Lionel Cons > Config-Validator-1.1 > Config::Validator

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Module Version: 1.1   Source   Latest Release: Config-Validator-1.2

NAME ^

Config::Validator - schema based configuration validation

SYNOPSIS ^

  use Config::Validator;

  # simple usage
  $validator = Config::Validator->new({ type => "list(integer)" });
  $validator->validate([ 1, 2 ]);   # OK
  $validator->validate([ 1, 2.3 ]); # FAIL
  $validator->validate({ 1, 2 });   # FAIL

  # advanced usage
  $validator = Config::Validator->new(
      octet => {
          type => "integer",
          min  => 0,
          max  => 255,
      },
      color => {
          type   => "struct",
          fields => {
              red   => { type => "valid(octet)" },
              green => { type => "valid(octet)" },
              blue  => { type => "valid(octet)" },
          },
      },
  );
  $validator->validate(
      { red => 23, green => 47,  blue => 6 }, "color"); # OK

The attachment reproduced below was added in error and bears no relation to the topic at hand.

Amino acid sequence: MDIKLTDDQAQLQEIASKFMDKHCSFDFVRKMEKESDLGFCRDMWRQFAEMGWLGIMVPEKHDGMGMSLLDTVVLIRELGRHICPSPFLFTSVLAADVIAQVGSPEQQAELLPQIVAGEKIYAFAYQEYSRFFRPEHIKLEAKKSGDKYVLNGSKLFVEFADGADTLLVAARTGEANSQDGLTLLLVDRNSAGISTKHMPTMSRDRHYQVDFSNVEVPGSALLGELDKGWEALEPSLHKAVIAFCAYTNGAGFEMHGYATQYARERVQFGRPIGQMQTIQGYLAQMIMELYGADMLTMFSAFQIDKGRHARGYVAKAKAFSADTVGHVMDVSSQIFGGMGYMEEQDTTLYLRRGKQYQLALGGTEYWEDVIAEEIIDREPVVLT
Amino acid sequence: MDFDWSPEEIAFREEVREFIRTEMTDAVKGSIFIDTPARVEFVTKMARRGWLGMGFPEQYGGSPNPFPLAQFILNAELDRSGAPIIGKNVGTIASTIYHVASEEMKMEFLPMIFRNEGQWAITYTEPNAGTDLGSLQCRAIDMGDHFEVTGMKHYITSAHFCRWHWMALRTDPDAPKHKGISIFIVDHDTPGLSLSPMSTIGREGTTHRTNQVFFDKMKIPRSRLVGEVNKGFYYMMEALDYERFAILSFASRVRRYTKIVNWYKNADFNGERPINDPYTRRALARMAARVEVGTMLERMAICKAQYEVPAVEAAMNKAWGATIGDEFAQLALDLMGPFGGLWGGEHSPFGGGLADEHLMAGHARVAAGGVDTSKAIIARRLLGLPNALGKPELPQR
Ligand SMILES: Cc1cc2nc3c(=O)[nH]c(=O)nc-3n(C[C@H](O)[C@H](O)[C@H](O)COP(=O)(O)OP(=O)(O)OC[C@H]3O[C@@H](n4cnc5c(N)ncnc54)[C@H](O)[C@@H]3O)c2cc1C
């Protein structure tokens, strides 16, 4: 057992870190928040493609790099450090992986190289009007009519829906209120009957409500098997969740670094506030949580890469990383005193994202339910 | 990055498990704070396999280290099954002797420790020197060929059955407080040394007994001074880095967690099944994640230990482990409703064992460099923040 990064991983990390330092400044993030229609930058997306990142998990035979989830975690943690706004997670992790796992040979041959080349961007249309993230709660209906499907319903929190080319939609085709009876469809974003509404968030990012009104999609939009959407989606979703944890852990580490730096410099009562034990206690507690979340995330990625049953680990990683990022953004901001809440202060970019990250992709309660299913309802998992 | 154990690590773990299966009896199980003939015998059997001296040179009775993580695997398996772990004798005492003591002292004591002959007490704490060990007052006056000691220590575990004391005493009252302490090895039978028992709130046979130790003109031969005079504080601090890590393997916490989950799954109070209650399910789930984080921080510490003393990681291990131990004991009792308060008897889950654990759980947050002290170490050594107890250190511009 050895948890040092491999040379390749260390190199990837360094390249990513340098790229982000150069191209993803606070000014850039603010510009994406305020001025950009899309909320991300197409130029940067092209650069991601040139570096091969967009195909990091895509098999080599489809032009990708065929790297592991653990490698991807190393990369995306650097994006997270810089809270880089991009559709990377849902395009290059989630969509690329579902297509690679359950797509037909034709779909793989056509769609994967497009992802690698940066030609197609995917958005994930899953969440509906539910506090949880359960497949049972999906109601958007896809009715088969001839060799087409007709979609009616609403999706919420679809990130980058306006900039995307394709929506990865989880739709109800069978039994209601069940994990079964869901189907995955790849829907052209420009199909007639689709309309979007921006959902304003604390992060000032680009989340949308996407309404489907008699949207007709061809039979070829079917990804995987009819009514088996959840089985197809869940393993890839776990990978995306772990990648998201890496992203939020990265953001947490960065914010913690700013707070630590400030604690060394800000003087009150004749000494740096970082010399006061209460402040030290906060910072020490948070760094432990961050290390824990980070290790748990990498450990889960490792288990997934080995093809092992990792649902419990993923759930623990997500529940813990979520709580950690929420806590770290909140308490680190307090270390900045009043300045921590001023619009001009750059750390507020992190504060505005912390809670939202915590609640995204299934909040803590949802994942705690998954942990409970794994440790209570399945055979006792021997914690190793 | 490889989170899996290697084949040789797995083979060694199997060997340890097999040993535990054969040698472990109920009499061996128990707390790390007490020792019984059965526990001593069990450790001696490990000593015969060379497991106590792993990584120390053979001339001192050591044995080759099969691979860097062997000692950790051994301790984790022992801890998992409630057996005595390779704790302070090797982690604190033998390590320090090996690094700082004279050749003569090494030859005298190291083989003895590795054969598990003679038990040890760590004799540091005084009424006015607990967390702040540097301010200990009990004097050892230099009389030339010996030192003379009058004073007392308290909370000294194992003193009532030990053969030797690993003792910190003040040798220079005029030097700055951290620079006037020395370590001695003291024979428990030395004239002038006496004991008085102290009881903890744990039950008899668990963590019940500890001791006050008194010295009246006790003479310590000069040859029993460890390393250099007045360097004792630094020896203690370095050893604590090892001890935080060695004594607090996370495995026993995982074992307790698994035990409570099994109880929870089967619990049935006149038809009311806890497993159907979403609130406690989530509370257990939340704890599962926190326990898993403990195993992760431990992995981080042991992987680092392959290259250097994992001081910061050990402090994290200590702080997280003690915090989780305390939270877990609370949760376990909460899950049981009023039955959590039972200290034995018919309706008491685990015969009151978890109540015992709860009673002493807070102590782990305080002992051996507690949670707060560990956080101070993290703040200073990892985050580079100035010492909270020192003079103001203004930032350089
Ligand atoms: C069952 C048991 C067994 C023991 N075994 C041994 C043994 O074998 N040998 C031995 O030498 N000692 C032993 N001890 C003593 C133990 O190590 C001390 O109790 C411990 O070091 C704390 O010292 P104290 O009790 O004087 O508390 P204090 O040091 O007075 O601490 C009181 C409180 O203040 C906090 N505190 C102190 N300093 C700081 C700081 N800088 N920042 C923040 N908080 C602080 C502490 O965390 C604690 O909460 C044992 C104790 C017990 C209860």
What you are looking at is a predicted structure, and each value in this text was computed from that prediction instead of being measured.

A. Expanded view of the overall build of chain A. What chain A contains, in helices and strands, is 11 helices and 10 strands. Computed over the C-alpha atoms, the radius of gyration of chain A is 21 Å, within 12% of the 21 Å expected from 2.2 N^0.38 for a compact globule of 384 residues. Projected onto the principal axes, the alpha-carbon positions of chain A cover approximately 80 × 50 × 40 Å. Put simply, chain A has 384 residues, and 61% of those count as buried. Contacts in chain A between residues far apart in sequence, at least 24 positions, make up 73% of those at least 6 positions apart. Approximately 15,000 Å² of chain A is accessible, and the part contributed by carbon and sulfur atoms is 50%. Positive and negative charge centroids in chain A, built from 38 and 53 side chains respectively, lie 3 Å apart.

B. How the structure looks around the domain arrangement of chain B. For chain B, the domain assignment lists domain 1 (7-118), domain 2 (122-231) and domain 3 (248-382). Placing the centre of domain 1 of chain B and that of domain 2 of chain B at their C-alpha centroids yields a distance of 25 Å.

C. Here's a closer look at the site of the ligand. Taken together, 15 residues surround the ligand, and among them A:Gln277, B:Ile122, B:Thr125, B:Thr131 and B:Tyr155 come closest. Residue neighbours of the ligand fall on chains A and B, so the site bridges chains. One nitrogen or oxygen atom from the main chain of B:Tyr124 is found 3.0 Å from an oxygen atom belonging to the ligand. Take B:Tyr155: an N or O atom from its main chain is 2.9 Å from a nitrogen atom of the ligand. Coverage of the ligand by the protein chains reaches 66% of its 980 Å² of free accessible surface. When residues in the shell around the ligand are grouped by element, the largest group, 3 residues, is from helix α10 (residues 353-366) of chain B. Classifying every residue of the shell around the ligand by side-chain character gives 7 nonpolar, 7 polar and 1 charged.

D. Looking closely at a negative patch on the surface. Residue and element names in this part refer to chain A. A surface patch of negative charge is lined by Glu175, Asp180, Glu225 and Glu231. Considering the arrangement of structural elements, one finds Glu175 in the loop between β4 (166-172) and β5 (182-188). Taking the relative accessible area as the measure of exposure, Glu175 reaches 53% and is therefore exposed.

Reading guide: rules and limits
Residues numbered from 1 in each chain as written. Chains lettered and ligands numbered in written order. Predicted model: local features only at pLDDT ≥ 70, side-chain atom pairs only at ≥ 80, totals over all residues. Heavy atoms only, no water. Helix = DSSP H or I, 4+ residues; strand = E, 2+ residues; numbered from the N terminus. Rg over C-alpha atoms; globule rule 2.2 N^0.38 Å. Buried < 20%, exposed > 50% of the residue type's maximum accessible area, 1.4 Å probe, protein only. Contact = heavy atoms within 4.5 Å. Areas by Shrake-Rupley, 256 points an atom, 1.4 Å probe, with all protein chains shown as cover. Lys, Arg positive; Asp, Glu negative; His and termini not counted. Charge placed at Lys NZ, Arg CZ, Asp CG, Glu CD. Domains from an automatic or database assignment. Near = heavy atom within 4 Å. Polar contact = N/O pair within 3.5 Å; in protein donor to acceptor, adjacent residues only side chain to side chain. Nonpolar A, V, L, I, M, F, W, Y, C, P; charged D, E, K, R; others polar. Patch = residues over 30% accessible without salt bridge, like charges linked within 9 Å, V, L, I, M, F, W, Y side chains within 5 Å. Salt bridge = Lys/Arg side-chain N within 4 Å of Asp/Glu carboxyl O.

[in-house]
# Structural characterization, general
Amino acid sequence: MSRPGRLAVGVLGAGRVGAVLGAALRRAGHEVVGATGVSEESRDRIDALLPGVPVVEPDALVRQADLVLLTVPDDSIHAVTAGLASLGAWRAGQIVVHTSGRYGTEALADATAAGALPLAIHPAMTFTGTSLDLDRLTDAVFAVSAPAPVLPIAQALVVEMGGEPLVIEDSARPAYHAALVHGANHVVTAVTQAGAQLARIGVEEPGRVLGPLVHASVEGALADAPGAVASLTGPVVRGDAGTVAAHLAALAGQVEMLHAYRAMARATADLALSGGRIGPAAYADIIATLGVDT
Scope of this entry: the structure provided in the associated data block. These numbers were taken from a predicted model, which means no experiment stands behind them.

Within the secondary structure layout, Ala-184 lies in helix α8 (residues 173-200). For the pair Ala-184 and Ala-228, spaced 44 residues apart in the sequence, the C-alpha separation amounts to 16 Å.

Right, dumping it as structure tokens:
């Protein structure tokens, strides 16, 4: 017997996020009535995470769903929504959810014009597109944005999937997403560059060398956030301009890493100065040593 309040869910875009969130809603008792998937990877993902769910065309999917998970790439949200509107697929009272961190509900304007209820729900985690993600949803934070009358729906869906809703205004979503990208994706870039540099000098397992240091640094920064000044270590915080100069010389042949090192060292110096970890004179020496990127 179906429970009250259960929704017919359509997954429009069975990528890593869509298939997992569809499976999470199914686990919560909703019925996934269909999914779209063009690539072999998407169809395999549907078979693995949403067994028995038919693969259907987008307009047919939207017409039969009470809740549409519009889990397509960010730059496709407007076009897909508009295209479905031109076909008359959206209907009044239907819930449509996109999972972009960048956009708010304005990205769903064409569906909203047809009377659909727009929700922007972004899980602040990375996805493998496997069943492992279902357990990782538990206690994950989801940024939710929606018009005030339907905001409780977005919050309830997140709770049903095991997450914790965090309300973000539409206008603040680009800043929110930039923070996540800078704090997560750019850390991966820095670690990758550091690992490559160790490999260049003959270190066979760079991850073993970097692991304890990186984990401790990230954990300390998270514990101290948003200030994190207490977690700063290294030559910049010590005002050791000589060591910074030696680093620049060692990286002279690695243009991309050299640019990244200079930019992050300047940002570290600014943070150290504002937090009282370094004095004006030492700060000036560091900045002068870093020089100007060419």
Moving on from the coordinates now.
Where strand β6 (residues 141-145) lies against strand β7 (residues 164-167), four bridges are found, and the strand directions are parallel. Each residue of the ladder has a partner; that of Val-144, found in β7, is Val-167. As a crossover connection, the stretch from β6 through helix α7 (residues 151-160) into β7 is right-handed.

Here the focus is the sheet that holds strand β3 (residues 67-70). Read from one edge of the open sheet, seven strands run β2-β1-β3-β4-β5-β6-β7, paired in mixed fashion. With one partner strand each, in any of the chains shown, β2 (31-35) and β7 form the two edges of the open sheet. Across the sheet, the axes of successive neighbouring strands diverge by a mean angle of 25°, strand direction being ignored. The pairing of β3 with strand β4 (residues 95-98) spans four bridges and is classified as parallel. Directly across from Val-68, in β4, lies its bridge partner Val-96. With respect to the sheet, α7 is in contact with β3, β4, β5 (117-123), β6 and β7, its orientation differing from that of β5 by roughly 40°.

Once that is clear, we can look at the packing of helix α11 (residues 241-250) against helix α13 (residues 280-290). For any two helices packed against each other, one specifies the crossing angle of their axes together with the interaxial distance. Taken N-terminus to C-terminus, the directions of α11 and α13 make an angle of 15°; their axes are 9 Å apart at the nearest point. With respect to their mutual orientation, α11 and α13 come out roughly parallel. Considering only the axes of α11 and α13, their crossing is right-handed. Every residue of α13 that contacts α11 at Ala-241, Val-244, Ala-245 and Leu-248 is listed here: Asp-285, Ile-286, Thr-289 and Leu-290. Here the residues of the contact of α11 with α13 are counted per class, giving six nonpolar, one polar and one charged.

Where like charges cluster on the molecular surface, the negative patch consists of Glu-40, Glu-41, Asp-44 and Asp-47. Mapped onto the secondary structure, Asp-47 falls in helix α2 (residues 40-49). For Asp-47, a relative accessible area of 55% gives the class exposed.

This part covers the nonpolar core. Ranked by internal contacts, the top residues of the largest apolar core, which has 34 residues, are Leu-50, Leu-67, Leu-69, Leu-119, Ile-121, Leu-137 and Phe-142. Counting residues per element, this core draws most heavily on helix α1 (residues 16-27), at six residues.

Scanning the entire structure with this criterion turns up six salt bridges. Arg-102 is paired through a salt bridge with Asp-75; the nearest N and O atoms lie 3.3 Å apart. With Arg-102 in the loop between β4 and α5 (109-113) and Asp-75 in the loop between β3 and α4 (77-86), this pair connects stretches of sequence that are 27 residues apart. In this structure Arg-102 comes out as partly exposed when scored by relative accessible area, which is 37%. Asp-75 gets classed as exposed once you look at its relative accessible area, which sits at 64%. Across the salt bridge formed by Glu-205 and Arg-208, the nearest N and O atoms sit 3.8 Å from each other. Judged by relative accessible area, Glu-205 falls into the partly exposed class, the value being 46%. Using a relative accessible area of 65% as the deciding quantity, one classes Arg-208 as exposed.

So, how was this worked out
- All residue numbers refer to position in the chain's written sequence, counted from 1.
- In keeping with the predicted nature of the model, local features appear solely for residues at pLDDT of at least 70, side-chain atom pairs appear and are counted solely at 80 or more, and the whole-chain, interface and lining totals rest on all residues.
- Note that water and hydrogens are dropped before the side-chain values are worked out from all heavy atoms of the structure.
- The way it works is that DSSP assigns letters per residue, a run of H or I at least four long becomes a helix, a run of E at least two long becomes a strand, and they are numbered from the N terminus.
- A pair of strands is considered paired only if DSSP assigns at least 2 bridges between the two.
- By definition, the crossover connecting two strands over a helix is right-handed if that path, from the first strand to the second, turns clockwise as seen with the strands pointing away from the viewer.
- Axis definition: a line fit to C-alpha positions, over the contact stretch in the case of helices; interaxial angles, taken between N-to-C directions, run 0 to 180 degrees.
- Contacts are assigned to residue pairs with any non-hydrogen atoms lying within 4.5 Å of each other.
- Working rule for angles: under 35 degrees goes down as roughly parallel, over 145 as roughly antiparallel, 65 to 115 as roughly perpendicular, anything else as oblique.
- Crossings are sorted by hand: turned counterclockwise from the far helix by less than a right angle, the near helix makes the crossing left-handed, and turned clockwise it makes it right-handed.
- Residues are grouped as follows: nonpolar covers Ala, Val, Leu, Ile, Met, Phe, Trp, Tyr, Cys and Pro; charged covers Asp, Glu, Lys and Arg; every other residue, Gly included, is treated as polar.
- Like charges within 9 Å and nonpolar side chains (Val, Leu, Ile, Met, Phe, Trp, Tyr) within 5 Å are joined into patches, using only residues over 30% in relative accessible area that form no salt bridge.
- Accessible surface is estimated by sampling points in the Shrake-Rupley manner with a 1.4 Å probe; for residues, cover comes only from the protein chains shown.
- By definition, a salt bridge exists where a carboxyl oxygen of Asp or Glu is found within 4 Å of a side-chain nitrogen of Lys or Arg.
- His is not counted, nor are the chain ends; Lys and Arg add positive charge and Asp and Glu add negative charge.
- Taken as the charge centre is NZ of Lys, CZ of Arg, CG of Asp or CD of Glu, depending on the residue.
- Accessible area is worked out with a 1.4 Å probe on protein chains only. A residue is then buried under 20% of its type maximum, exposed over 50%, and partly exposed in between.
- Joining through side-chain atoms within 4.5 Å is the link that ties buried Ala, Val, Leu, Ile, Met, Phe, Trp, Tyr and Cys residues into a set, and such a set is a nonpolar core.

$validator->validate(
      { red => 23, green => 470, blue => 6 }, "color"); # FAIL
  $validator->validate(
      { red => 23, green => 47,  lbue => 6 }, "color"); # FAIL

DESCRIPTION ^

This module allows to perform schema based configuration validation.

The idea is to define in a schema what valid data is. This schema can be used to create a validator object that can in turn be used to make sure that some data indeed conforms to the schema.

Although the primary focus is on "configuration" (for instance as provided by modules like Config::General) and, to a lesser extent, "options" (for instance as provided by modules like Getopt::Long), this module can in fact validate any data structure.

METHODS ^

The following methods are available:

new([OPTIONS])

return a new Config::Validator object (class method)

options([NAME])

convert the named schema (or the default schema if the name is not given) to a list of Getopt::Long compatible options

validate(DATA[, NAME])

validate the given data using the named schema (or the default schema if the name is not given)

traverse(CALLBACK, DATA[, NAME])

traverse the given data using the named schema (or the default schema if the name is not given) and call the given CALLBACK on each node

FUNCTIONS ^

The following convenient functions are available:

is_true(SCALAR)

check if the given scalar is the boolean true

is_false(SCALAR)

check if the given scalar is the boolean false

is_regexp(SCALAR)